As various supporters wandered onto the pitch to win prizes as part of "Fan Appreciation Day", Vicarage Road felt like a good place to be. There's no doubt that a certain amount of nostalgia makes me forget that childhood visits weren't always accompanied by sunshine and laughter and great games...but nonetheless there were many echoes of the past here. Increasingly, it seems that the "old" Watford values are returning in the form of small, notable gestures. I returned from Sunday's game with a free scarf and a free water bottle. Neither will enrich my life greatly...but, over the last ten years, there have been long periods when everything Watford-related has had an inflated price tag on it and when the idea of giving something back has been completely alien. The "old" Watford values are my values too, and it feels bloody good to welcome them back.

We welcomed the players back and were treated to a real belter of a second half. It began with Coventry, presumably stung by Strachan's words in the dressing room, pressing for an equaliser. Whelan headed tamely at Chris Day before the Watford keeper was extended for the first time, leaping to shove Hadji's curling free kick over the bar. Then Chippo fired across the face of goal and wide after bursting onto a Whelan pass.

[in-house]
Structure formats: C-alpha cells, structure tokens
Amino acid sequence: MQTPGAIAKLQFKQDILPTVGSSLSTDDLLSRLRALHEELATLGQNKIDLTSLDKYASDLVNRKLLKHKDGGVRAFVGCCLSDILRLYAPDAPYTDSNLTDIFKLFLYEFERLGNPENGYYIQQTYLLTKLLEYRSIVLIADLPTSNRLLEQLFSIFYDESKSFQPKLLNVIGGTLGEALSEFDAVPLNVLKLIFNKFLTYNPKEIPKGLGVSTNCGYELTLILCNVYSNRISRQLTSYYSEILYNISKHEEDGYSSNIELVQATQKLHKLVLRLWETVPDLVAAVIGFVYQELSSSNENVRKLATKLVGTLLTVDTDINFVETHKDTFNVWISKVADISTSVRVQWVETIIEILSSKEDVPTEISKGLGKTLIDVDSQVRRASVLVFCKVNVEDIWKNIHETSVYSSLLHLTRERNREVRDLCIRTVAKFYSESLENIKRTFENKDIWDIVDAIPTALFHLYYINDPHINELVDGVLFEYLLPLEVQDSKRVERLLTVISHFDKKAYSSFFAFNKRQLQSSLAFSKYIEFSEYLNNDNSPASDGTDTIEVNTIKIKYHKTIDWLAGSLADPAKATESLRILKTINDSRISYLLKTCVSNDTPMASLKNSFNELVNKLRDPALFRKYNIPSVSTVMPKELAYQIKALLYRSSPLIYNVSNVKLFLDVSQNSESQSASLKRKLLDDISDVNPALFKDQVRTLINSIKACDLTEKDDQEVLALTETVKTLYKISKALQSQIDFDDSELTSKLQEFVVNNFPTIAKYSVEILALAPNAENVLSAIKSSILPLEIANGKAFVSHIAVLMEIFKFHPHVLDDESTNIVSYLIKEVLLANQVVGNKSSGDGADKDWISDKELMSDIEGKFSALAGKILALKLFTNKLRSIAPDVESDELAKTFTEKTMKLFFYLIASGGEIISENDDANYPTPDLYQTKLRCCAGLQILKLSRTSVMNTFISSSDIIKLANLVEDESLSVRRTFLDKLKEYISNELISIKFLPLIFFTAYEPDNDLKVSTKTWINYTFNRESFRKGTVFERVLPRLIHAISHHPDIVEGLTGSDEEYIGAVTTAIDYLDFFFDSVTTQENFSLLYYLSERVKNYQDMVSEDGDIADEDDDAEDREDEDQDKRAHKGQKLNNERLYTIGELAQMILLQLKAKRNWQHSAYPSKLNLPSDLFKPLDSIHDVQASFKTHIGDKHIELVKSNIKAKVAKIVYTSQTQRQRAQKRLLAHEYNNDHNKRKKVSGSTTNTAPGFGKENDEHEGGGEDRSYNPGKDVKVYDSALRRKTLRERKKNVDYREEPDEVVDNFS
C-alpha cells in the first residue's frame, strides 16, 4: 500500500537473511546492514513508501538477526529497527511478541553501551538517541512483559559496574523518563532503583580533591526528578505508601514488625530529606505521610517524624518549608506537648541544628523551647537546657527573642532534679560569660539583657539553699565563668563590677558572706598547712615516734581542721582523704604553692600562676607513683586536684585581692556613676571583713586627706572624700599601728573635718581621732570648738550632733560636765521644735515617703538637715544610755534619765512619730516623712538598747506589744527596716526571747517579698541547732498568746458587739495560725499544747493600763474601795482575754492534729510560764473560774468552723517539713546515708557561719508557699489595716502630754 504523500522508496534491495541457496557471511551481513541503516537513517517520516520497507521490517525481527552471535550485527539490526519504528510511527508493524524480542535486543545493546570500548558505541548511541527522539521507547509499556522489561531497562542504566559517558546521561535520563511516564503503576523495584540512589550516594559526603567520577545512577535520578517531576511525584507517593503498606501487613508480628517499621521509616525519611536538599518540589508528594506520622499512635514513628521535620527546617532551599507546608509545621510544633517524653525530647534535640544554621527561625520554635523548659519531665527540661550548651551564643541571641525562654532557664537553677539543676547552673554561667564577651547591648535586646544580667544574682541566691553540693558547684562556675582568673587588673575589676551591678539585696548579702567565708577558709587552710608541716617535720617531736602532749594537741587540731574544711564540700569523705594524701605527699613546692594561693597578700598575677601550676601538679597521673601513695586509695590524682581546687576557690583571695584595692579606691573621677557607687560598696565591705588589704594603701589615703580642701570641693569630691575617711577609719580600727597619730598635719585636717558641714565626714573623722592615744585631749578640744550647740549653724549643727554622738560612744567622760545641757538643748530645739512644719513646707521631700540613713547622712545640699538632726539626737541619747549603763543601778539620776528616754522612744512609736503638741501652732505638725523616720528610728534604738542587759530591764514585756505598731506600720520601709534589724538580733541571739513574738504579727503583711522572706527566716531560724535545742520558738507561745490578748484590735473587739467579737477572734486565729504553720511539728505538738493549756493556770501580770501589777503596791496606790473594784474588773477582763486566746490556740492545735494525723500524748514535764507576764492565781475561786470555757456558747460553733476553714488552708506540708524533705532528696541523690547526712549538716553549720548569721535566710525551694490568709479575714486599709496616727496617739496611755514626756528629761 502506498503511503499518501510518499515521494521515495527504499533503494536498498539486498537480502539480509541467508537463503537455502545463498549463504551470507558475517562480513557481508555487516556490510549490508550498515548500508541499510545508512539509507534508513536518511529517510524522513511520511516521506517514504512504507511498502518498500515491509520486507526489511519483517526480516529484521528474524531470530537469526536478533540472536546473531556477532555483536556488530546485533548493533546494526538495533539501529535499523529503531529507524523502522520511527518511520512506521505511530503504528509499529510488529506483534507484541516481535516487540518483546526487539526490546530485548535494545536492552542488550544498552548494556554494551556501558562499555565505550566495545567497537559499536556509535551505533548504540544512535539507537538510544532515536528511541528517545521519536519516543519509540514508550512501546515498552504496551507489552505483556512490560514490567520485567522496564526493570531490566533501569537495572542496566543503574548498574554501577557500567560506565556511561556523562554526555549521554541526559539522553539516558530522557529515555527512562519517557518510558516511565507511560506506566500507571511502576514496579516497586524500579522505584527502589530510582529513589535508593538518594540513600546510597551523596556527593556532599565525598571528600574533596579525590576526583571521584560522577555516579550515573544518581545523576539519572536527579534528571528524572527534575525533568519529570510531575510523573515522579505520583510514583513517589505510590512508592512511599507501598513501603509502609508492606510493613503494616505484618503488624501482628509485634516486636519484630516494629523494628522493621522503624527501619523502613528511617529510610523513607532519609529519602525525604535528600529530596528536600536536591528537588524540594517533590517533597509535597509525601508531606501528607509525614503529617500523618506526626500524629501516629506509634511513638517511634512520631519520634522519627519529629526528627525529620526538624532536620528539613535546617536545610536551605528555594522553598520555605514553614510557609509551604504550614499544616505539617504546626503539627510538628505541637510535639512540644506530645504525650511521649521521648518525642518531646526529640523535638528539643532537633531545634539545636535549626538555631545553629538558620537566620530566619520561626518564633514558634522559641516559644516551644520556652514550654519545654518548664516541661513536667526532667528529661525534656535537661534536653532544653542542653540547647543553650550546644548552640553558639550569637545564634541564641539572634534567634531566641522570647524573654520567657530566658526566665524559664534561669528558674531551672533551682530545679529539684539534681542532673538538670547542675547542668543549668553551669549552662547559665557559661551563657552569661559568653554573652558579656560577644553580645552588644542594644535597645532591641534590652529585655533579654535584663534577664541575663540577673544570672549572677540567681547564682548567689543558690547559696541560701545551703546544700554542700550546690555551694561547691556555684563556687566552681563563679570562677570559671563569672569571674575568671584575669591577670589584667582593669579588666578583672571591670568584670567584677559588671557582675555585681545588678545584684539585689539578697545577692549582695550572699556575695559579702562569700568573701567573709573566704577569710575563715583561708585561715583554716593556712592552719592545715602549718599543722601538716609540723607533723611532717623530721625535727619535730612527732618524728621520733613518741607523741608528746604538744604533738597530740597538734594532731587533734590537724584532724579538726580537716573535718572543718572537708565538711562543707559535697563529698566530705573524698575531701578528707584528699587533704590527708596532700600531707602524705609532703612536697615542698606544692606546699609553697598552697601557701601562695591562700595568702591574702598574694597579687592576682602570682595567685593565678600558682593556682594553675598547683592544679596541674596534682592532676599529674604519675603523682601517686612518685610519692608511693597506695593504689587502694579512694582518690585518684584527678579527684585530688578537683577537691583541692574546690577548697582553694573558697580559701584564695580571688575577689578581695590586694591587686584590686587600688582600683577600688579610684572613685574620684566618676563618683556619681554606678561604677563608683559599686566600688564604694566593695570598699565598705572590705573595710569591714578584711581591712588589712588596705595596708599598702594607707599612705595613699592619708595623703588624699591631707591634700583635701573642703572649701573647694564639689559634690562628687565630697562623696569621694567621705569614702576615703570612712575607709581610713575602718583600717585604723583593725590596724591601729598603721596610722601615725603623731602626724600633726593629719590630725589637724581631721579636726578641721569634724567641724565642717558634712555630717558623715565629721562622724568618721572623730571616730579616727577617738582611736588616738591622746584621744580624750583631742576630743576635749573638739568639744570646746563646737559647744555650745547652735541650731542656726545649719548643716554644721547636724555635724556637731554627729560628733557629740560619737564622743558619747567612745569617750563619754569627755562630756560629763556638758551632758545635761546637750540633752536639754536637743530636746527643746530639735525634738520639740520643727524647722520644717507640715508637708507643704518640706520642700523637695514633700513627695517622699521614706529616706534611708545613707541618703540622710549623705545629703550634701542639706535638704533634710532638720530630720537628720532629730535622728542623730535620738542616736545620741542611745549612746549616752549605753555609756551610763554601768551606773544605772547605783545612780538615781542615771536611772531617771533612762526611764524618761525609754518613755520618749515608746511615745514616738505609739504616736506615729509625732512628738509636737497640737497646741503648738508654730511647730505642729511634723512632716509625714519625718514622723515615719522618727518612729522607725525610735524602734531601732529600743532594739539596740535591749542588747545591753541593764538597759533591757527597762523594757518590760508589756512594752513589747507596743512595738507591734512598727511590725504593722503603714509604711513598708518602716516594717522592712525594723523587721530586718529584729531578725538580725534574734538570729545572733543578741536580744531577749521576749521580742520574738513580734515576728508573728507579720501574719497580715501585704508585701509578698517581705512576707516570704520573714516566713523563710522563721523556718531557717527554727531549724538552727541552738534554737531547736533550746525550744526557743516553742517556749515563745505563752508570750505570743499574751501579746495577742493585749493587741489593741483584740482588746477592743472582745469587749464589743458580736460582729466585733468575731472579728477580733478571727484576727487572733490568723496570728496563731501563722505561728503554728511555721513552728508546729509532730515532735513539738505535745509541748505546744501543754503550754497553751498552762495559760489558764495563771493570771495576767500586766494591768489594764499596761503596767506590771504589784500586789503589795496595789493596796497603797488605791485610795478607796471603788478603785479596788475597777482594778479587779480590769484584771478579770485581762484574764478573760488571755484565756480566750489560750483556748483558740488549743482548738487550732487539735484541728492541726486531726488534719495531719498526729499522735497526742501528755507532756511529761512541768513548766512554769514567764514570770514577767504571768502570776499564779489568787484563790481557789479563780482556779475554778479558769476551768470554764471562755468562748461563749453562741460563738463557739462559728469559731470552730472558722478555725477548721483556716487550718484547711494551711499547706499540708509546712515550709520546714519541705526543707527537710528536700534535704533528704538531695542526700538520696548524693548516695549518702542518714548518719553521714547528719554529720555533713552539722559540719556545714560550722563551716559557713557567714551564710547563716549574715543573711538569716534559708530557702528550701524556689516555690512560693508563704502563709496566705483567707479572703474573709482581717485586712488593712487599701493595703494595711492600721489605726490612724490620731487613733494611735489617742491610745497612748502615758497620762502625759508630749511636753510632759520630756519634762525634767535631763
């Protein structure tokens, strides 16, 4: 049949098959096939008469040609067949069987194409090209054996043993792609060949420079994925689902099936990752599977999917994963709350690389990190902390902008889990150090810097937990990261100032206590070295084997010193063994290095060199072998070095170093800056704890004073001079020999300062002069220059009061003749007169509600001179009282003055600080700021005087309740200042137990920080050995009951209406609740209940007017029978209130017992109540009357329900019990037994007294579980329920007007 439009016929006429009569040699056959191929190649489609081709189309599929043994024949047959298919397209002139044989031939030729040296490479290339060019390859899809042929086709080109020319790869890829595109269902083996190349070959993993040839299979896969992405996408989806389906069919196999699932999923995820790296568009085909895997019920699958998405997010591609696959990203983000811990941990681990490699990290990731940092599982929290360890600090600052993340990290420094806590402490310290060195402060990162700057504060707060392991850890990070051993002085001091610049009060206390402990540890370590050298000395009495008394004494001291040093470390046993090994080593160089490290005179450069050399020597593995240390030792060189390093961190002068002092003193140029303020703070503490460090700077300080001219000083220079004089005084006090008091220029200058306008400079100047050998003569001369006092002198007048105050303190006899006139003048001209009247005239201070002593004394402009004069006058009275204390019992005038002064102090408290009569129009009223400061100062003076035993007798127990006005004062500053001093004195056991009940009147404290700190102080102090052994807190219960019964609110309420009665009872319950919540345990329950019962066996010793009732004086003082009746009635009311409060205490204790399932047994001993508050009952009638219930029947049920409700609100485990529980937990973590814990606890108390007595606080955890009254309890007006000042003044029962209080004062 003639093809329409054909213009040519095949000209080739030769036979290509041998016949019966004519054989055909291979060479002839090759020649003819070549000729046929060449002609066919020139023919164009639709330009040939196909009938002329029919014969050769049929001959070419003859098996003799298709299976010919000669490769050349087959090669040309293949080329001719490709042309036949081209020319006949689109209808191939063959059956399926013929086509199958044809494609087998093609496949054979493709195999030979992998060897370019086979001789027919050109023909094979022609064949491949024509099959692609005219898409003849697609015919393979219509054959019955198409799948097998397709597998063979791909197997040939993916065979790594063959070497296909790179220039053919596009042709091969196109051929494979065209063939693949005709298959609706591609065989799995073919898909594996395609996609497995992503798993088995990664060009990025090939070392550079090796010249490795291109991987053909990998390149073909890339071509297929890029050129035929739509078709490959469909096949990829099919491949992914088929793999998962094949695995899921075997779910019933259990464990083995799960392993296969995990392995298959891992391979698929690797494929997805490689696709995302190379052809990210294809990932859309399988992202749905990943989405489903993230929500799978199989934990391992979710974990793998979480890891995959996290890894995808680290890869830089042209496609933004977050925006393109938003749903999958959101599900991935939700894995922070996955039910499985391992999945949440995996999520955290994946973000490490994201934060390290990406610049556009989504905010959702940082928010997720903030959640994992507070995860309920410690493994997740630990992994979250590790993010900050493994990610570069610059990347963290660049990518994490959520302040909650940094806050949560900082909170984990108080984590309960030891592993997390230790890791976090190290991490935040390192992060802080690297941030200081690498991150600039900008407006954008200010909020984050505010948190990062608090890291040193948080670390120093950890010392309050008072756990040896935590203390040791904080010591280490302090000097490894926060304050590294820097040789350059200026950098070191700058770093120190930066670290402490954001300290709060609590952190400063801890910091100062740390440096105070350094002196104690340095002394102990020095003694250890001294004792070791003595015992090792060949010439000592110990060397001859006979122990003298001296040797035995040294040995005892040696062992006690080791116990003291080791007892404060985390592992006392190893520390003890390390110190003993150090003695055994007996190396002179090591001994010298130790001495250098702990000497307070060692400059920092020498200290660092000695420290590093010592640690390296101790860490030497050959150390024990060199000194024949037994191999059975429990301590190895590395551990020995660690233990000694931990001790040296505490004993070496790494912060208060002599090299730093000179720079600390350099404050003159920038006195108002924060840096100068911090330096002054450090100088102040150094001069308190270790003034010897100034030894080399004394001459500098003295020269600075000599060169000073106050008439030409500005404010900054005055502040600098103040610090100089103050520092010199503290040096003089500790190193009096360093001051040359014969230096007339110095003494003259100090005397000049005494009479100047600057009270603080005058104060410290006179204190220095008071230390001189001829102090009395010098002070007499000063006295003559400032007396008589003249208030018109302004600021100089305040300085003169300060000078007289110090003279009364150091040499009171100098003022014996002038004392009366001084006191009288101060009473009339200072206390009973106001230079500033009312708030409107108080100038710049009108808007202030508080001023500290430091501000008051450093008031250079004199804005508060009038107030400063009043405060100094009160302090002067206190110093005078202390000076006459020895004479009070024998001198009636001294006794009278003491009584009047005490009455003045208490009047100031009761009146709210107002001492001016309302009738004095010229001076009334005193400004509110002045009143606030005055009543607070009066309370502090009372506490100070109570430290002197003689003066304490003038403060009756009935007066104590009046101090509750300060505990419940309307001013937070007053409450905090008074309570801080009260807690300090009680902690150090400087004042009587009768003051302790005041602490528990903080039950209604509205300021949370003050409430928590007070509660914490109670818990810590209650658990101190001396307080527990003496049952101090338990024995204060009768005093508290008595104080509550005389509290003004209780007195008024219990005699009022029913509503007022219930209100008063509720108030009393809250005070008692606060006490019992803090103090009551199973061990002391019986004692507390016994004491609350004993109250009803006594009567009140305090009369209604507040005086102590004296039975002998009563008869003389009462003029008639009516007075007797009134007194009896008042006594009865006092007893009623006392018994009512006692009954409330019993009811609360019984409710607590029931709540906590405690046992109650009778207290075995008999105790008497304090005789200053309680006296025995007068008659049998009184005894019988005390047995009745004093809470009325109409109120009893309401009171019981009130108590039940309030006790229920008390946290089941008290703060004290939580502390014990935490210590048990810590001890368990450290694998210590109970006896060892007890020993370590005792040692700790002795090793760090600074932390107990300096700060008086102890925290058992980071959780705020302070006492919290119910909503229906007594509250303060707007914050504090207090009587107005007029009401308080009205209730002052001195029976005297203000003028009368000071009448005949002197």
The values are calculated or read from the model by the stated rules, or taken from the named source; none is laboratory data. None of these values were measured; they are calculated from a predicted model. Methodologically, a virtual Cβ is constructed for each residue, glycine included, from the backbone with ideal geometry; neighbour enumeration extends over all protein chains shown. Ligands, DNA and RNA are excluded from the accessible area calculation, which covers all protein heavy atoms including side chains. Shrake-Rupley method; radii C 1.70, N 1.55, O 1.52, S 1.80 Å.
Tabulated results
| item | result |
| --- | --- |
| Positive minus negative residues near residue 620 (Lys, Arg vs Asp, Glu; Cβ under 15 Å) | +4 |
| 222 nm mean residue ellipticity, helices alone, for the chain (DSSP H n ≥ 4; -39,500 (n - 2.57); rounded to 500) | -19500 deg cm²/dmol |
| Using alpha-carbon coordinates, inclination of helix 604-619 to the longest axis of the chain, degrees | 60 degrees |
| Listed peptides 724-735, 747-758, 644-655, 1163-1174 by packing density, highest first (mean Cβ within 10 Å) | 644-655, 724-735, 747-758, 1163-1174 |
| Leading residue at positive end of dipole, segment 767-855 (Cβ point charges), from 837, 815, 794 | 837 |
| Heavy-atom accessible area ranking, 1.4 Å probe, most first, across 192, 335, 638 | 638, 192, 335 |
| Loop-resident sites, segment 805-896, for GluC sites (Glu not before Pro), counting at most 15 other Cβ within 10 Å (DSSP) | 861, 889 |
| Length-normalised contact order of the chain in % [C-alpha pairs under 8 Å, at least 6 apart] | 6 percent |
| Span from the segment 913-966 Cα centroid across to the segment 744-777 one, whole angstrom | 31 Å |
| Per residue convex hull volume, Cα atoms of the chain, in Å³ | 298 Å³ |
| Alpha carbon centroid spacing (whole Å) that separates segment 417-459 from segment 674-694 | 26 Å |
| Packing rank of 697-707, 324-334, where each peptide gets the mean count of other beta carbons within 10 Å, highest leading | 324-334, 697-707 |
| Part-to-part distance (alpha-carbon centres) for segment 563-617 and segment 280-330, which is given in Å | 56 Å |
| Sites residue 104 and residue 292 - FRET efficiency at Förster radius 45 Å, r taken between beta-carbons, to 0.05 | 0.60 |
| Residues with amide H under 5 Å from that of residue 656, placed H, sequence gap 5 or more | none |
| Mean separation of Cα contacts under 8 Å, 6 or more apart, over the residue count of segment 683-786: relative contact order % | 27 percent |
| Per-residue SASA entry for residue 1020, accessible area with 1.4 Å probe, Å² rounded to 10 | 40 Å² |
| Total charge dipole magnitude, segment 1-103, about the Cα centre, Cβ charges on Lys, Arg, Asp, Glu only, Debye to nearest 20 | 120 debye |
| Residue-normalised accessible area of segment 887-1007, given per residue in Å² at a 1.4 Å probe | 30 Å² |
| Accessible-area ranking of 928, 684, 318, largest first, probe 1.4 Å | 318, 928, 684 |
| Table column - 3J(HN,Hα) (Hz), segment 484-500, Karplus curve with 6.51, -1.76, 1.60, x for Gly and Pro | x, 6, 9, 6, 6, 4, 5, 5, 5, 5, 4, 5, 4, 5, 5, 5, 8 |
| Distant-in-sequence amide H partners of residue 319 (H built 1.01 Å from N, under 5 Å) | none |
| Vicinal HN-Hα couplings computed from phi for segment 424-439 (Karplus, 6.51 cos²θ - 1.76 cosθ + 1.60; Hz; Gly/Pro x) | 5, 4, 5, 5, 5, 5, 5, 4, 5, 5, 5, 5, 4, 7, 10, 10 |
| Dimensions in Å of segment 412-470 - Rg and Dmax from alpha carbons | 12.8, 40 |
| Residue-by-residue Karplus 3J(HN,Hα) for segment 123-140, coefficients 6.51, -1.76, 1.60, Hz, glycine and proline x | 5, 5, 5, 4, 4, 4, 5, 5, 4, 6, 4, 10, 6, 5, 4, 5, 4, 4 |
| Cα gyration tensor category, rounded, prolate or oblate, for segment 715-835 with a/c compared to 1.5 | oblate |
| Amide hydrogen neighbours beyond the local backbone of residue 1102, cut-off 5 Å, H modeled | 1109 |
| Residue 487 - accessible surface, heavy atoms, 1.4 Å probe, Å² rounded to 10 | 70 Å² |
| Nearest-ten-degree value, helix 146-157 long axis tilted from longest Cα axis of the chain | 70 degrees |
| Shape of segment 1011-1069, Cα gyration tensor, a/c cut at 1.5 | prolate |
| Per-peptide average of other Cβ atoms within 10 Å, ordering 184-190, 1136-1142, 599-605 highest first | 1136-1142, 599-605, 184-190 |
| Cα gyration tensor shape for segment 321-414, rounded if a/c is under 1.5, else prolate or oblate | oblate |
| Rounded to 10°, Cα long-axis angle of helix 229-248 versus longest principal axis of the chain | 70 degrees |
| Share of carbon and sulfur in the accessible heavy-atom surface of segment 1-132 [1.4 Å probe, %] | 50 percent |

It didn't last, though. We simply didn't allow our performance to dip at any point, continually exploiting Coventry's faltering confidence. The first penalty claim was dubious - although Breen was standing ten yards away from Bonnot and the shot appeared to strike his hands, the ball was travelling so fast that he had little chance to get out of the way and Uriah Rennie made the sensible decision by waving appeals away. Ten minutes later, the dynamic, driving force of Bonnot set another attack in motion and Hedman again kept us out, saving Smith's awkward shot through great positioning as much as anything.

The second penalty claim was, to these eyes, utterly beyond question. Smith's sublime pass, Helguson darting through and round the advancing keeper. Although the Icelander has a distasteful tendency to make the most of challenges, the ball was running slowly through and he would've reached it to score had he not been dumped flat on his face by Hedman's raised arm taking his ankles away. Referee Rennie's only excuse is that he was unsighted and that's backed up by his deliberate glance towards the linesman, who kept his flag by his side. It's a good job for all concerned that it wasn't especially important.